Chris Woolston writes about a new type of CV in science career
CVs have long been part of the currency of scientific promotion. Scientists seeking a position or a grant often feel obliged to list every publication, presentation and award in a single document intended to sway committees through its sheer length and volume. The typical CV follows a time-worn template, says Robert Morrell, an education researcher and former director of the New Generation of Academics Programme at the University of Cape Town in South Africa. “ ‘I was born, I went to school here, I had these publications, these are the students I graduated.’ People who write CVs like that are missing the boat.”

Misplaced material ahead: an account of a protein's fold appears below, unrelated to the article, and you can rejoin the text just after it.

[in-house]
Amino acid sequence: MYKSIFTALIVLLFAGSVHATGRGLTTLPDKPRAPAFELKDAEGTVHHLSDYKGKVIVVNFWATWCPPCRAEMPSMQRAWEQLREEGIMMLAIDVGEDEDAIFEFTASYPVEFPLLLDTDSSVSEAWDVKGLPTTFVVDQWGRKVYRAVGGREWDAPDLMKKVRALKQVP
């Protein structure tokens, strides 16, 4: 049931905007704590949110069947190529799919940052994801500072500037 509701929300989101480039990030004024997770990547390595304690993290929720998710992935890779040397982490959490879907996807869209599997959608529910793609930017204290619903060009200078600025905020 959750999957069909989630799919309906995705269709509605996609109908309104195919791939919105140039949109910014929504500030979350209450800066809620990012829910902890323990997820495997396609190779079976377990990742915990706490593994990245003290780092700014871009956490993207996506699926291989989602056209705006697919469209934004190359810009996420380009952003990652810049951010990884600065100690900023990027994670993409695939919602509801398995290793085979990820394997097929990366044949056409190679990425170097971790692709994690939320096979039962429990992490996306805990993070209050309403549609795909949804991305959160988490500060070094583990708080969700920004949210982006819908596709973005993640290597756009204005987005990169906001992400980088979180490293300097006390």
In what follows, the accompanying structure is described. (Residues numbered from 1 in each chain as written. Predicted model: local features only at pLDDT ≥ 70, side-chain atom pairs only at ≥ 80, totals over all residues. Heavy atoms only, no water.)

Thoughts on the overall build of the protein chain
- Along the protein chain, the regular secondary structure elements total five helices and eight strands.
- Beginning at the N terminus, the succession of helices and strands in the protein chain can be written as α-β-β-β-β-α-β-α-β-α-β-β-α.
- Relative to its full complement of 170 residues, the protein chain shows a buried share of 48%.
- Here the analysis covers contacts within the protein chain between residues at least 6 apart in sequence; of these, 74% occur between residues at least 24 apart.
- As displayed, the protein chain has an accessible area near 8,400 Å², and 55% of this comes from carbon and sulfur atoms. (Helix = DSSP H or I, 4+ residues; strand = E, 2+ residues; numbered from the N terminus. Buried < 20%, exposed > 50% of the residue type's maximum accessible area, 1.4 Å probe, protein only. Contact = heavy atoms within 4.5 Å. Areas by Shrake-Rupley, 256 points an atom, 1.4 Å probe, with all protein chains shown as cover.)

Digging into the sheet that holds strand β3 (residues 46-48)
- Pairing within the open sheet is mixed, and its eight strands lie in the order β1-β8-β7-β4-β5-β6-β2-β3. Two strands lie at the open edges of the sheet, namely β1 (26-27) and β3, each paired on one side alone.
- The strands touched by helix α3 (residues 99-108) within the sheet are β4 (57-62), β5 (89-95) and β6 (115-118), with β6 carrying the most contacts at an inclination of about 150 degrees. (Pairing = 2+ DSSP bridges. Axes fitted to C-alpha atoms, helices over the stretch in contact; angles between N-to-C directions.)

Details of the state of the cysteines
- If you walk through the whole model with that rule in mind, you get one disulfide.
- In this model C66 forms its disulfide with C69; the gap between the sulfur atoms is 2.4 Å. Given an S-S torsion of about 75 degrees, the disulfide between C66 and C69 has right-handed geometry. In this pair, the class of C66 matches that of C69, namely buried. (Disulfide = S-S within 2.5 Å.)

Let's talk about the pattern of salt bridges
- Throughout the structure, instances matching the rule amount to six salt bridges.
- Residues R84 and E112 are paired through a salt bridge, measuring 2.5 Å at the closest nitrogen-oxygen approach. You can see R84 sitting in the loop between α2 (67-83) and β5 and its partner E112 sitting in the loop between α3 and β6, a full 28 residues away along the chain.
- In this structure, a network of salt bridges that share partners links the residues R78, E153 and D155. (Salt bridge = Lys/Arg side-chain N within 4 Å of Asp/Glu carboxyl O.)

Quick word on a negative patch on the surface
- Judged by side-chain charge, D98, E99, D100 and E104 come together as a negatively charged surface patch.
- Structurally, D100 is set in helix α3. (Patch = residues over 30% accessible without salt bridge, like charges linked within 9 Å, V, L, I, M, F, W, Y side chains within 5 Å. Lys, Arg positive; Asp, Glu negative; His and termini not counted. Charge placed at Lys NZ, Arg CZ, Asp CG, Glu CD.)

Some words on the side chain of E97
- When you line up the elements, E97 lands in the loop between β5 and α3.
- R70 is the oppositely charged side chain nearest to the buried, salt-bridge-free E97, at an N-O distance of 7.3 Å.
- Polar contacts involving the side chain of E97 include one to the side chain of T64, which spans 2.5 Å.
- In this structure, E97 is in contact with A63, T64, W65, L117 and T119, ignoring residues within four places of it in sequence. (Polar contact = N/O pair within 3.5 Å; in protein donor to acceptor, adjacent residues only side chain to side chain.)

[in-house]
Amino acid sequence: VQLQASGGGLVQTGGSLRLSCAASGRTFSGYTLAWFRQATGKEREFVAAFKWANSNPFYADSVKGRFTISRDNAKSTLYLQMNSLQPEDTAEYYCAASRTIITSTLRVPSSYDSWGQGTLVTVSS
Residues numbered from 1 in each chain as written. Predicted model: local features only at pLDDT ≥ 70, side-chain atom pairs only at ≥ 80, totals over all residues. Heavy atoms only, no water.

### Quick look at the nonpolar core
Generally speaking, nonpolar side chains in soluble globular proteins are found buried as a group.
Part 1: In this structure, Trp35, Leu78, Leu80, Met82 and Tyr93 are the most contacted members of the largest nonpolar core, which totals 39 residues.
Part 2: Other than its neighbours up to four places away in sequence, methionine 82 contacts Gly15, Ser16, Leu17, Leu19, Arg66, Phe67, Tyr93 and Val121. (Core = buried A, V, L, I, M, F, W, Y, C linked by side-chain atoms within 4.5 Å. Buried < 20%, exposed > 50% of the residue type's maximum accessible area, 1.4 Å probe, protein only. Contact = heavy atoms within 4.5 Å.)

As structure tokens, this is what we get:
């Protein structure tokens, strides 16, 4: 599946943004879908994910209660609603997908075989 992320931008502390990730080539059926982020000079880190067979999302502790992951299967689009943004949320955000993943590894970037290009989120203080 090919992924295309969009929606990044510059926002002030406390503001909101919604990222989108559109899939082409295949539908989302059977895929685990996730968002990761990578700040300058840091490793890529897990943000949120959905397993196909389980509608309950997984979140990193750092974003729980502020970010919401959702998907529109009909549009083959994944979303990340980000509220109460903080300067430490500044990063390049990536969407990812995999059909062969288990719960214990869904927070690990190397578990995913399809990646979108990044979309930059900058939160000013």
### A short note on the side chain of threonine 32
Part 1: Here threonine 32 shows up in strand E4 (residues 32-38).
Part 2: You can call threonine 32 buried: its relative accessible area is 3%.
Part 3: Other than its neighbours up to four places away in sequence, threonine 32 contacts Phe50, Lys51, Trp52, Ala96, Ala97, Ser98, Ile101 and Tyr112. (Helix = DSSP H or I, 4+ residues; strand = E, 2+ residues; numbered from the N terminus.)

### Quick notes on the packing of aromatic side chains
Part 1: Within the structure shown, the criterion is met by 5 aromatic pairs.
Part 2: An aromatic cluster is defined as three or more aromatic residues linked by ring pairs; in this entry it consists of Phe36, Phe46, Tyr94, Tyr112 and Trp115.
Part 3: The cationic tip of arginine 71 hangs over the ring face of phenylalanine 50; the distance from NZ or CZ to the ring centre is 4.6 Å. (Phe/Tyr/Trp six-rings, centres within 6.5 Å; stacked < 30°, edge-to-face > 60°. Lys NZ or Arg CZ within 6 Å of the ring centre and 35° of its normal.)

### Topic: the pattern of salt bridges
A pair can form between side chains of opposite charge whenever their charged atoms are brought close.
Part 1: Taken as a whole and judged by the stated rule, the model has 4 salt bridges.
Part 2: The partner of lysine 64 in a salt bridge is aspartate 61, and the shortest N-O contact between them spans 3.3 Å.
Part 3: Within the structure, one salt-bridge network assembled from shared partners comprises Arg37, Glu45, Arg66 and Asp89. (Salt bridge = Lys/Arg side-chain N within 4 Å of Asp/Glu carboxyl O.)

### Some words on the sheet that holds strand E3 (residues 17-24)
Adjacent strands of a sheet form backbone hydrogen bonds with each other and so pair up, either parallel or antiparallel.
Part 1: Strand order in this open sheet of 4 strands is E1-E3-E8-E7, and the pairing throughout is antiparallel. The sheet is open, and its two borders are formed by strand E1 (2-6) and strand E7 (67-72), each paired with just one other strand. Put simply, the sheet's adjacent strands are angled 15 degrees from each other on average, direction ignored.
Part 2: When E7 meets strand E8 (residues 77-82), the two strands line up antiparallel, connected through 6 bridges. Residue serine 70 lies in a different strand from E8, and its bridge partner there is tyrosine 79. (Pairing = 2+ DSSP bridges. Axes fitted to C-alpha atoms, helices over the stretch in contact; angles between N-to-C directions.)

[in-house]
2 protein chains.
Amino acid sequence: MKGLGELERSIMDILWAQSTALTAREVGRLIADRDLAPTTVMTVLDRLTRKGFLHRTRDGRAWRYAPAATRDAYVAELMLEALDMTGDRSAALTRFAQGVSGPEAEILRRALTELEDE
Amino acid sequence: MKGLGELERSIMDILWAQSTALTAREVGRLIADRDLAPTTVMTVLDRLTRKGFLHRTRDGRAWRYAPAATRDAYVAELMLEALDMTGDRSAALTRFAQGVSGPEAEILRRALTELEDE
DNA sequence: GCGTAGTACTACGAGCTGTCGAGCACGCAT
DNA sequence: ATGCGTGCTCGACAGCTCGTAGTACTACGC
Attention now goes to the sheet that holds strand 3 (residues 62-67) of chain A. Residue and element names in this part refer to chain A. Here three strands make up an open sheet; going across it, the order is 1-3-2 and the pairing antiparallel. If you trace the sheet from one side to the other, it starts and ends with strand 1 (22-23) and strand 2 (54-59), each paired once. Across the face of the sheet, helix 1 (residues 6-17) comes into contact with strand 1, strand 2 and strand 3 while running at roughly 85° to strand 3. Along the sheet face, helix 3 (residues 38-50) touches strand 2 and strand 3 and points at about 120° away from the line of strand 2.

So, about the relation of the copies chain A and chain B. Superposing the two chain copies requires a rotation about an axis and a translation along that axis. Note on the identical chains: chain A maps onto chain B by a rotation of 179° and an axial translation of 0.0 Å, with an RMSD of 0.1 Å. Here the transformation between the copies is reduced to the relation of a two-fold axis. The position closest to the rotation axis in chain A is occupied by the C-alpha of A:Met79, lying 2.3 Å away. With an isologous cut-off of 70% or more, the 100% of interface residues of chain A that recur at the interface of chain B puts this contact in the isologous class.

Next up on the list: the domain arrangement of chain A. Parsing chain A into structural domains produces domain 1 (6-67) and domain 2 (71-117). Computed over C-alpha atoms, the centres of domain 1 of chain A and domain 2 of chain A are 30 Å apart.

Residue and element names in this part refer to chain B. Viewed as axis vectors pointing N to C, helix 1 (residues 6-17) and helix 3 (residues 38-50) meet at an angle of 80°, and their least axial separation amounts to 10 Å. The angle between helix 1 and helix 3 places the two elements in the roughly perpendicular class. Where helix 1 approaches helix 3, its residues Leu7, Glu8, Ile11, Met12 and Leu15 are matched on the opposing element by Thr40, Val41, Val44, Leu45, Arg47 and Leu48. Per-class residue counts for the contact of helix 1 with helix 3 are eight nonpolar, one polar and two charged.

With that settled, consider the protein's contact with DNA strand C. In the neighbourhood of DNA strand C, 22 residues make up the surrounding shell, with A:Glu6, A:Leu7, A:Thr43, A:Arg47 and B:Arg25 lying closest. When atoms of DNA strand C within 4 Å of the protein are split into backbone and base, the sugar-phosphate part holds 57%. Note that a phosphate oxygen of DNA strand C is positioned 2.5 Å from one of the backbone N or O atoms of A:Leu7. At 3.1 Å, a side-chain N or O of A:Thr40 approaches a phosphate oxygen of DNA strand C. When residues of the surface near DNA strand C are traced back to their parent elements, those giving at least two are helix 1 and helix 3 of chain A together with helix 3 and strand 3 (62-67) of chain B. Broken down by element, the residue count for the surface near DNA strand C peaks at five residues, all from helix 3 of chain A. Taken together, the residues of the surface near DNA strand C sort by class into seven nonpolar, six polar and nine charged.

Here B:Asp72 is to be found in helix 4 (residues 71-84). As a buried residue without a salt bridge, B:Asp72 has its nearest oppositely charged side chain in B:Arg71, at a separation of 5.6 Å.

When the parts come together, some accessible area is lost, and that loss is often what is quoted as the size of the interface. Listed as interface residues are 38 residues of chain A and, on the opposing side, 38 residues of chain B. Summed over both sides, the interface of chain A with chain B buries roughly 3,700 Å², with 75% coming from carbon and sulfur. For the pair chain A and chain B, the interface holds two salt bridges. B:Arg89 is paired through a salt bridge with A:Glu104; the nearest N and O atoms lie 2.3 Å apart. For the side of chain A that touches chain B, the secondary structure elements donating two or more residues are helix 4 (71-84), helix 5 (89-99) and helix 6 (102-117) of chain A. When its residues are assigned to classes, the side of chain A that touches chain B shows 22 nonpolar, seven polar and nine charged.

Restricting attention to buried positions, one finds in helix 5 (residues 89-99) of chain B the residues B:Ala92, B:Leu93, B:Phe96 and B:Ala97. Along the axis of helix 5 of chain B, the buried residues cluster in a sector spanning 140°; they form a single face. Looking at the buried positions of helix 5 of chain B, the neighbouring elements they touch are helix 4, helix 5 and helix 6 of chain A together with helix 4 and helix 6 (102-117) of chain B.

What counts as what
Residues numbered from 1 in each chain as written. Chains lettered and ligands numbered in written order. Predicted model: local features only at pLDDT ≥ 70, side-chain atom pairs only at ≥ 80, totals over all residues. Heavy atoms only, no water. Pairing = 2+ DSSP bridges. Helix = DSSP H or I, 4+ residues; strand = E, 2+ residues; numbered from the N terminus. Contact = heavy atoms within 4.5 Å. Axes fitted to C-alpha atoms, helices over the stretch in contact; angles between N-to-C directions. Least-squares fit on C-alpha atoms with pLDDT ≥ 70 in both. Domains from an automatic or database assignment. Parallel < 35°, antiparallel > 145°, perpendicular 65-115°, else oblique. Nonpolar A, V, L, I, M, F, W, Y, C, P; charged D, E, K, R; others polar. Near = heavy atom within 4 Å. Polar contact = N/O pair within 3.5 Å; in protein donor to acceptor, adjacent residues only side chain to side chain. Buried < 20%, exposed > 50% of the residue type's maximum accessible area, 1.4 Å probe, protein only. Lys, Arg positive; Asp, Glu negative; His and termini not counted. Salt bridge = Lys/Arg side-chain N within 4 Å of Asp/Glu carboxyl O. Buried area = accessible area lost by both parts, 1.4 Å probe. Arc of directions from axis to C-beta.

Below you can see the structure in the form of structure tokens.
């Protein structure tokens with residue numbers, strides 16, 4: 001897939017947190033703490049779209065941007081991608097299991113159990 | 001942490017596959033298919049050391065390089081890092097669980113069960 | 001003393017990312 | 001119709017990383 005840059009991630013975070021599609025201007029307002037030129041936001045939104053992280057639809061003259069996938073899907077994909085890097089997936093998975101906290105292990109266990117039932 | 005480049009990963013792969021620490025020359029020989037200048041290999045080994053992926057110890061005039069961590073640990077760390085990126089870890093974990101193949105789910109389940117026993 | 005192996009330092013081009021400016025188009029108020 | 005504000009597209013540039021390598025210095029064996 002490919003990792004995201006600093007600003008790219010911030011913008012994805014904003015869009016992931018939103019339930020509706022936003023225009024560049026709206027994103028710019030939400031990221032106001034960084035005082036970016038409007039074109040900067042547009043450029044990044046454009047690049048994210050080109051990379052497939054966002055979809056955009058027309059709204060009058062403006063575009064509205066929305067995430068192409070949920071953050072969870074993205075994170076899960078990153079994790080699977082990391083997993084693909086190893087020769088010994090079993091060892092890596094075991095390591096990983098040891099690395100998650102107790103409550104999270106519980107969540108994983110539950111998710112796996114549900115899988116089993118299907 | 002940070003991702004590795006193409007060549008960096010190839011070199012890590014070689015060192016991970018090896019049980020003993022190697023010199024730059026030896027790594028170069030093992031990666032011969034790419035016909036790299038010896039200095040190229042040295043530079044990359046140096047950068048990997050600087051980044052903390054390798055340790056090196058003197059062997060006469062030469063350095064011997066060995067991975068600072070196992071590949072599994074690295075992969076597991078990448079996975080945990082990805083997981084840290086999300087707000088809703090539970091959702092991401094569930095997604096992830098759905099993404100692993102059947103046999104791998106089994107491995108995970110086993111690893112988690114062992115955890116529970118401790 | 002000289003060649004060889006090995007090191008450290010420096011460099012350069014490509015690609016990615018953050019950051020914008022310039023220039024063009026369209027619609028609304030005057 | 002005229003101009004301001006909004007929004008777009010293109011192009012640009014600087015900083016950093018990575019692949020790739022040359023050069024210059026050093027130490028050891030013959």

The UKRI is not alone in seeking to rethink the CV in response to a renewed focus on team science and equity, diversity and inclusion (EDI). It modelled its new CV format on ‘Résumé for Researchers’, introduced in 2019 by the Royal Society in London. Similar initiatives have been unveiled by research councils in the Netherlands and Luxembourg.
I wish this initiative would have come 10 or 20 years earlier…
The Royal Society template has only 4 blocks. I could fill that template in 20 minutes while for a conventional CV it would take me 2 days.
- Personal details: Provide your personal details, your education, key qualifications and relevant positions you have held.
- How have you contributed to the generation of knowledge?
- How have you contributed to the development of individuals?
- How have you contributed to broader society?